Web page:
Early lifeCollins was born in Melbourne, Victoria, and educated at Monash University and La Trobe University. Before entering parliament, she was a social worker and union official and held several positions with the Shop, Distributive and Allied Employees' Association (SDA), including as National Industrial Officer for five years.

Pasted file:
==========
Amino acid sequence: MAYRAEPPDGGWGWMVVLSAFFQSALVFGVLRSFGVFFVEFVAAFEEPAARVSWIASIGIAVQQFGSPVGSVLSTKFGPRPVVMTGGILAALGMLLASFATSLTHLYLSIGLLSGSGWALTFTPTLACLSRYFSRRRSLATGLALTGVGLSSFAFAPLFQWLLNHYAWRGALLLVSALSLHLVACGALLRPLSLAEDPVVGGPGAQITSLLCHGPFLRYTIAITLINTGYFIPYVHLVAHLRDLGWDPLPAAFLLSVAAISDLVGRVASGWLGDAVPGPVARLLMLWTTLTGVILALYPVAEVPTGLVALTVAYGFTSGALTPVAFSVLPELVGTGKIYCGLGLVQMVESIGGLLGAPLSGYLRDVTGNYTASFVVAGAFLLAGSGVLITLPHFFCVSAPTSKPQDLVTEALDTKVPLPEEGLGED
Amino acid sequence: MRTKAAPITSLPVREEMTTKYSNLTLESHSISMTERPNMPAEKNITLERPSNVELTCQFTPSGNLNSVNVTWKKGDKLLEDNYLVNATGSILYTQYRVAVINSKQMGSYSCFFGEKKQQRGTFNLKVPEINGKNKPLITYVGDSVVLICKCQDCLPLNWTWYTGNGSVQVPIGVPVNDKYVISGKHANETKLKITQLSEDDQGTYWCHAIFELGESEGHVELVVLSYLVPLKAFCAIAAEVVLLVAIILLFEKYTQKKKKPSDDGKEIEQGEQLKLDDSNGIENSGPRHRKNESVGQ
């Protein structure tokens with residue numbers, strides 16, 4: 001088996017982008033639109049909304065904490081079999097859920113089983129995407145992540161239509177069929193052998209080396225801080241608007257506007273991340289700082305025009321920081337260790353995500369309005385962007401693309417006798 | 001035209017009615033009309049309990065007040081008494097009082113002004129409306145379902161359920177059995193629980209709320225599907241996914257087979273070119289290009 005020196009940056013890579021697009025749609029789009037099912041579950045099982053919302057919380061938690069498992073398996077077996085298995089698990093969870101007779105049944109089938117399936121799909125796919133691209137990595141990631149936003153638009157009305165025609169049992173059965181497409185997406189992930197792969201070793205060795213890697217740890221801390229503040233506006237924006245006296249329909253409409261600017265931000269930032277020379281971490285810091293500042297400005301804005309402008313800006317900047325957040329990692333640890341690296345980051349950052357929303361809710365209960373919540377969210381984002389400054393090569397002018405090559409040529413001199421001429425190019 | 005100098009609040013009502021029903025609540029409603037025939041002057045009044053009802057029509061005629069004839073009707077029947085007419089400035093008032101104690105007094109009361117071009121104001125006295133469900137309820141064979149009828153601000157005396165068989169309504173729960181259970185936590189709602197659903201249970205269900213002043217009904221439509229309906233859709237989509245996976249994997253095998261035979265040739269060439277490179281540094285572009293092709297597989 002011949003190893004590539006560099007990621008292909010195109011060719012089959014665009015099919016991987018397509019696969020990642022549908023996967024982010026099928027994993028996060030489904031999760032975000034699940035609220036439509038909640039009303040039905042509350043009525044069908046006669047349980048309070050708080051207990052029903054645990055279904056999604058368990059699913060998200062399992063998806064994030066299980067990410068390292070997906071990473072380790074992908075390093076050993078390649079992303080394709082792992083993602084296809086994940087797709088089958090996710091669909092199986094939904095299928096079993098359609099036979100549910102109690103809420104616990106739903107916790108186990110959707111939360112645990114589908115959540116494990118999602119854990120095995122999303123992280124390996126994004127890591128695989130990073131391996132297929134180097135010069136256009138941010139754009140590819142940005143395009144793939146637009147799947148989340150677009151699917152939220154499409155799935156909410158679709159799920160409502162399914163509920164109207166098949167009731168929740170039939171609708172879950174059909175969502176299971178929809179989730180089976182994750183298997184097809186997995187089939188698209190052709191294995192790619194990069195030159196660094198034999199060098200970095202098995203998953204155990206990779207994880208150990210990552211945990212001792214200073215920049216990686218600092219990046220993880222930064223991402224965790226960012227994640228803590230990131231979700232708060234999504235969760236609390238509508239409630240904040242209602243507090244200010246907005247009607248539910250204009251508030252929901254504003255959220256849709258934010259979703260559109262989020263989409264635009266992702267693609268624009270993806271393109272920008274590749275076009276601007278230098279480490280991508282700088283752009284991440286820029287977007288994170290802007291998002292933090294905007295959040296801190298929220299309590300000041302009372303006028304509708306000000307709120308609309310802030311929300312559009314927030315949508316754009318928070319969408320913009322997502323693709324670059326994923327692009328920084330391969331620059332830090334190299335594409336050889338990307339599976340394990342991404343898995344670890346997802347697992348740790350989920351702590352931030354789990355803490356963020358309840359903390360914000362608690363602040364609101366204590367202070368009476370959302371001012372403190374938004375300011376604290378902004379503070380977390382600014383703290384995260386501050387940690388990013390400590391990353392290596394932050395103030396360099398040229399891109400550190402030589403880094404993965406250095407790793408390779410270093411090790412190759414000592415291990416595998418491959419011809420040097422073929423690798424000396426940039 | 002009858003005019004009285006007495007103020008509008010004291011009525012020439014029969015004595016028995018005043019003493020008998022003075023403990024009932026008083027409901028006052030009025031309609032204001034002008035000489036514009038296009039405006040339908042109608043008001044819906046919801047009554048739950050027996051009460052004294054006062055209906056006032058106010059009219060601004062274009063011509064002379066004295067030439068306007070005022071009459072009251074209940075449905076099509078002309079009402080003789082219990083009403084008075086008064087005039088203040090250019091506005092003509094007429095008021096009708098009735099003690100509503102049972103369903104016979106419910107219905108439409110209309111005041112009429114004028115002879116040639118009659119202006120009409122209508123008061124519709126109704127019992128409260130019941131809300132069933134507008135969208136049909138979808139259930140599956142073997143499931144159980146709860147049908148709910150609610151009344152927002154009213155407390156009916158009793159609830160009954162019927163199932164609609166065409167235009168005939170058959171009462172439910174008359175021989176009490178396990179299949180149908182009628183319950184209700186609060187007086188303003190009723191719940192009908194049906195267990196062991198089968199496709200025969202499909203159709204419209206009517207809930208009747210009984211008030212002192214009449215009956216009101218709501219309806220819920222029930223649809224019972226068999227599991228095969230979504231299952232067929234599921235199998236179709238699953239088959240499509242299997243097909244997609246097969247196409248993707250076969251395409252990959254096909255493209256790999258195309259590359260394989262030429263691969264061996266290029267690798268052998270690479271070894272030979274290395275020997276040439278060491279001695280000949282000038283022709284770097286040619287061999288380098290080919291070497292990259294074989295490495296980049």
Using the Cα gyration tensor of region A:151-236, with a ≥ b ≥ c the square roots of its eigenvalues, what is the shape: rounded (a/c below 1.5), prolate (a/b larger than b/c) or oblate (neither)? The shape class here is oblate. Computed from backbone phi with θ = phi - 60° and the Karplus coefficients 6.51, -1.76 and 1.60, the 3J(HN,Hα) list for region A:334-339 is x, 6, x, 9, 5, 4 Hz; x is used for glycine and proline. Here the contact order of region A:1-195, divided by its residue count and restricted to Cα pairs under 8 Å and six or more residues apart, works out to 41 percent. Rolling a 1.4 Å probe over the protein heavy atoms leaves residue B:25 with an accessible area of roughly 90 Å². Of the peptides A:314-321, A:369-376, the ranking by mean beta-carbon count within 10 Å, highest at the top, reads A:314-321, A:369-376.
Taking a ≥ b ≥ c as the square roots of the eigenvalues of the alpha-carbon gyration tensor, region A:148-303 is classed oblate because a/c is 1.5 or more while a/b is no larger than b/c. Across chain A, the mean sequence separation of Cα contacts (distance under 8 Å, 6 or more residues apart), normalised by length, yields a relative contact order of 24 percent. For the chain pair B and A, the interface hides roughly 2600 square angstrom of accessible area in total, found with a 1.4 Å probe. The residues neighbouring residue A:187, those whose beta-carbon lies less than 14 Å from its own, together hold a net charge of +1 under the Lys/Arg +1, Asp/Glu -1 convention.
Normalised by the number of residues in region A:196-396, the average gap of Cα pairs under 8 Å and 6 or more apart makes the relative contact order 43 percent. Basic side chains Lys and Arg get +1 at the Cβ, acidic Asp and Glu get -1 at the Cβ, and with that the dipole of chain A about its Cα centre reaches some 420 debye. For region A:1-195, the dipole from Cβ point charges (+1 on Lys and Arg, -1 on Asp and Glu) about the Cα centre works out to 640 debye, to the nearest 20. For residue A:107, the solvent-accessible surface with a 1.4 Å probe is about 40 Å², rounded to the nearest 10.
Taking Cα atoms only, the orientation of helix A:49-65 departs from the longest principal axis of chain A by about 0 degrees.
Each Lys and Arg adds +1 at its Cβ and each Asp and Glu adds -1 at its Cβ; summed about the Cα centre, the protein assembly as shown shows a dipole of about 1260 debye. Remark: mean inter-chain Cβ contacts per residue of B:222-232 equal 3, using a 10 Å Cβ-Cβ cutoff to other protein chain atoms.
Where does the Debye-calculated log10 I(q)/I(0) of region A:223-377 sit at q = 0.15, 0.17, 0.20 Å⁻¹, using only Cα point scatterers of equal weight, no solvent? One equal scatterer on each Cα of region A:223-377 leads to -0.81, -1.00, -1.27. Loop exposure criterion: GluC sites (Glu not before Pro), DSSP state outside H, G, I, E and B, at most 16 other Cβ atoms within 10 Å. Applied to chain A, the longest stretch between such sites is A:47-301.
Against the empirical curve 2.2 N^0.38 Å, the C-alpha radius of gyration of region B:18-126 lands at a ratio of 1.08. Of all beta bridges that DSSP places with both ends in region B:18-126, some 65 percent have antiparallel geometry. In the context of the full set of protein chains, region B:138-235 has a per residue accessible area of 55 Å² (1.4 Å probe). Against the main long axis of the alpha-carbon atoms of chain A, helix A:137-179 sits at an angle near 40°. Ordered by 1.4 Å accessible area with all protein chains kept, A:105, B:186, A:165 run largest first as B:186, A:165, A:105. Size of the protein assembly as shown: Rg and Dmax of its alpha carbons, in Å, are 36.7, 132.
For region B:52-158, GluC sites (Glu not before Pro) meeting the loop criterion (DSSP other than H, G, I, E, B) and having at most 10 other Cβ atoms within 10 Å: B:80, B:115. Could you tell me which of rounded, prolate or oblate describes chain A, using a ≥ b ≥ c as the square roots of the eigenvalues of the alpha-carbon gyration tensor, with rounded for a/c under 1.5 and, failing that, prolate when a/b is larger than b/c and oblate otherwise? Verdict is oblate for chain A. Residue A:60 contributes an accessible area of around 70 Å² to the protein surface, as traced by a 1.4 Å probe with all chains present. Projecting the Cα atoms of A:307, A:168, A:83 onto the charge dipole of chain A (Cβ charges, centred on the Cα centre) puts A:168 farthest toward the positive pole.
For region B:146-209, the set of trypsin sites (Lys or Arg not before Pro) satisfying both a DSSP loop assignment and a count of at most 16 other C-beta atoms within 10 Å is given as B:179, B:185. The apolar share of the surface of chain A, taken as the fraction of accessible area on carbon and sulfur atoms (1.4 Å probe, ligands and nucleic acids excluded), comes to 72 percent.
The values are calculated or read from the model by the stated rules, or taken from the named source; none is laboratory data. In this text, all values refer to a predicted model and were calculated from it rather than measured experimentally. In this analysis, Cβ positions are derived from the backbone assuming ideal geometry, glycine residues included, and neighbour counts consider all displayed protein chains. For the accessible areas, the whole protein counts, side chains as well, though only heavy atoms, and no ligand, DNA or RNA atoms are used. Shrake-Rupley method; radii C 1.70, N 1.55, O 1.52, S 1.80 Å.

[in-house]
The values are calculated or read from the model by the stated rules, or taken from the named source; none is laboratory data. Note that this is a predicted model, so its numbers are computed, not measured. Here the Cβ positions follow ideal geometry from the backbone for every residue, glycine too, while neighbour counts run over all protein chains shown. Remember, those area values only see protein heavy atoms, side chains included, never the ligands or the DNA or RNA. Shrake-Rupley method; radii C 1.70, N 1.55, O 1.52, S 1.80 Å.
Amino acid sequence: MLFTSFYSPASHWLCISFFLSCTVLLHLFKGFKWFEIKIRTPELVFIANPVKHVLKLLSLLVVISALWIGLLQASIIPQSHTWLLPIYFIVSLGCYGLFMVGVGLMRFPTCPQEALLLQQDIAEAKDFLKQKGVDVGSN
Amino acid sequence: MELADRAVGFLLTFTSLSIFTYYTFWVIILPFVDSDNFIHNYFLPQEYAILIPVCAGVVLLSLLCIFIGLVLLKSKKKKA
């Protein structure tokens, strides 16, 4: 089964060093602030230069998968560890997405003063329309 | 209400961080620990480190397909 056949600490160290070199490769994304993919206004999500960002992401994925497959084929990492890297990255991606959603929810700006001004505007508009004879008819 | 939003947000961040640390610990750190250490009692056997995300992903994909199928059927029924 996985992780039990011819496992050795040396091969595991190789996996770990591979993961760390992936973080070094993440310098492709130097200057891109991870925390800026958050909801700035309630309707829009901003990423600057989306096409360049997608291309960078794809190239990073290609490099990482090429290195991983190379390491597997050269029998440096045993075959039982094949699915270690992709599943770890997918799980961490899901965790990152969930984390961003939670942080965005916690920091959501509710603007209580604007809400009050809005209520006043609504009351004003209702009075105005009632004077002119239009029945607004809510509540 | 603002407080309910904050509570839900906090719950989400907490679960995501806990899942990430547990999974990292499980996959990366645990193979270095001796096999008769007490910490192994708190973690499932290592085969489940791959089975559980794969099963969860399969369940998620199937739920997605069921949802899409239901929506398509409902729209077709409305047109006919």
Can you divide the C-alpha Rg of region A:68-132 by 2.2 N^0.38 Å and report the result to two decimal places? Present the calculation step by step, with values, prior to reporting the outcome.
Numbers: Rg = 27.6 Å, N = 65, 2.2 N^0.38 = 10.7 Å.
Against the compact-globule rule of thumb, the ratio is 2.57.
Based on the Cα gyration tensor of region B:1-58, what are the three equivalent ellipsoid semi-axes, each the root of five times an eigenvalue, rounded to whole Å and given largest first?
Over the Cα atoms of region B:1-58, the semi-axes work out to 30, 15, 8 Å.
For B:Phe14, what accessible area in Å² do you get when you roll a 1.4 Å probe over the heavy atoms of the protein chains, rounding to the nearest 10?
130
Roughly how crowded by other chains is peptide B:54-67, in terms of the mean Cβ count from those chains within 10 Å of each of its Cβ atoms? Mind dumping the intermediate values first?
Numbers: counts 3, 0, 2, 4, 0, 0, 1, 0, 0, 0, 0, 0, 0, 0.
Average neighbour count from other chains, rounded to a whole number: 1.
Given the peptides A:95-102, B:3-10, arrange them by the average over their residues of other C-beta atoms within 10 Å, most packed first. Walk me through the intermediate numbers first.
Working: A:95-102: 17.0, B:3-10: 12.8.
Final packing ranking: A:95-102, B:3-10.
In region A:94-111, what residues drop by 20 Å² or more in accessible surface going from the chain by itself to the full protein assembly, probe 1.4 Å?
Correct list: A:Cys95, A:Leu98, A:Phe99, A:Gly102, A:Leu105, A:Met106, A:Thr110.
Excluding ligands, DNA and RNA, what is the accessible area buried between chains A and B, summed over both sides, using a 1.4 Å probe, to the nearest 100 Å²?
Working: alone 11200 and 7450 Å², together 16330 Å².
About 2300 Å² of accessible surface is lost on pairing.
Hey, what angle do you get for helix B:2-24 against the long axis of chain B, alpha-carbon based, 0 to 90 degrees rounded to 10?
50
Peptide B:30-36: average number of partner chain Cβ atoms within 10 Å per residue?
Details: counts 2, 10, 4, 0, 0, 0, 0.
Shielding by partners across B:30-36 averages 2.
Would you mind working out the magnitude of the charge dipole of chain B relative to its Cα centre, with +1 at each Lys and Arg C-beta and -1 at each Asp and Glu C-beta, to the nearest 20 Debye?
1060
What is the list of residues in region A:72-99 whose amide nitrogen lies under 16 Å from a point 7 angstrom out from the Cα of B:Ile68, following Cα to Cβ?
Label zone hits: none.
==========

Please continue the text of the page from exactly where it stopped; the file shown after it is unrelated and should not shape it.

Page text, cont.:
Political careerCollins first entered parliament as a Senator for Victoria in 1995. She was appointed to the Senate to fill a casual vacancy caused by the death of Olive Zakharov. At the time, Collins was the only Victorian female Labor representative. From October 1998 to November 2001, Collins was Parliamentary Secretary to the Shadow Minister for Industrial Relations and Employment, Training and Population. In 2003 Senator Collins was made the Shadow Minister for Children and Youth. At the 2004 election, she lost her Senate seat to Steve Fielding of the Family First Party. In 2006 she was preselected for the number one spot on the Labor ticket in Victoria for the 2007 federal election, replacing Robert Ray (Australian politician), Senator Robert Ray, who did not contest the election. Collins was elected, and her term was due to start on 1 July 2008 when Ray's term expired. However, he resigned on 5 May 2008 and she was appointed to the casual vacancy. She was sworn into the Senate later that month. Collins was promoted to the Second Gillard Ministry as the Parliamentary Secretary for School Education and Workplace Relations on 14 September 2010. In March 2012, she became the first woman to be appointed Manager of Government Business in the Senate following the retirement of Mark Arbib, Senator Mark Arbib. On 26 June 2013, following the return of Rudd as leader, Collins was elected Deputy Leader of the Government in the Senate by her parliamentary colleagues. She replaced Penny Wong, Senator Penny Wong, who was elevated to Senate leader. This was the first all-female Senate Government leadership team. Collins was active on many Senate committees, including: * Chair of the Employment, Workplace Relations, Small Business and Education References Committee * Chair of the Economics References Committee * Chair of the Privileges Committee In January 2019, Collins announced that she would not contest the next election, citing "family health issues" for her decision to quit politics. She resigned from the Senate on 15 February 2019, and was announced as the new head of the National Catholic Education Commission on the same day. She commenced her role on the 18 February 2019. On 12 October 2021, she was mentioned in a corruption hearing in Victoria, Australia.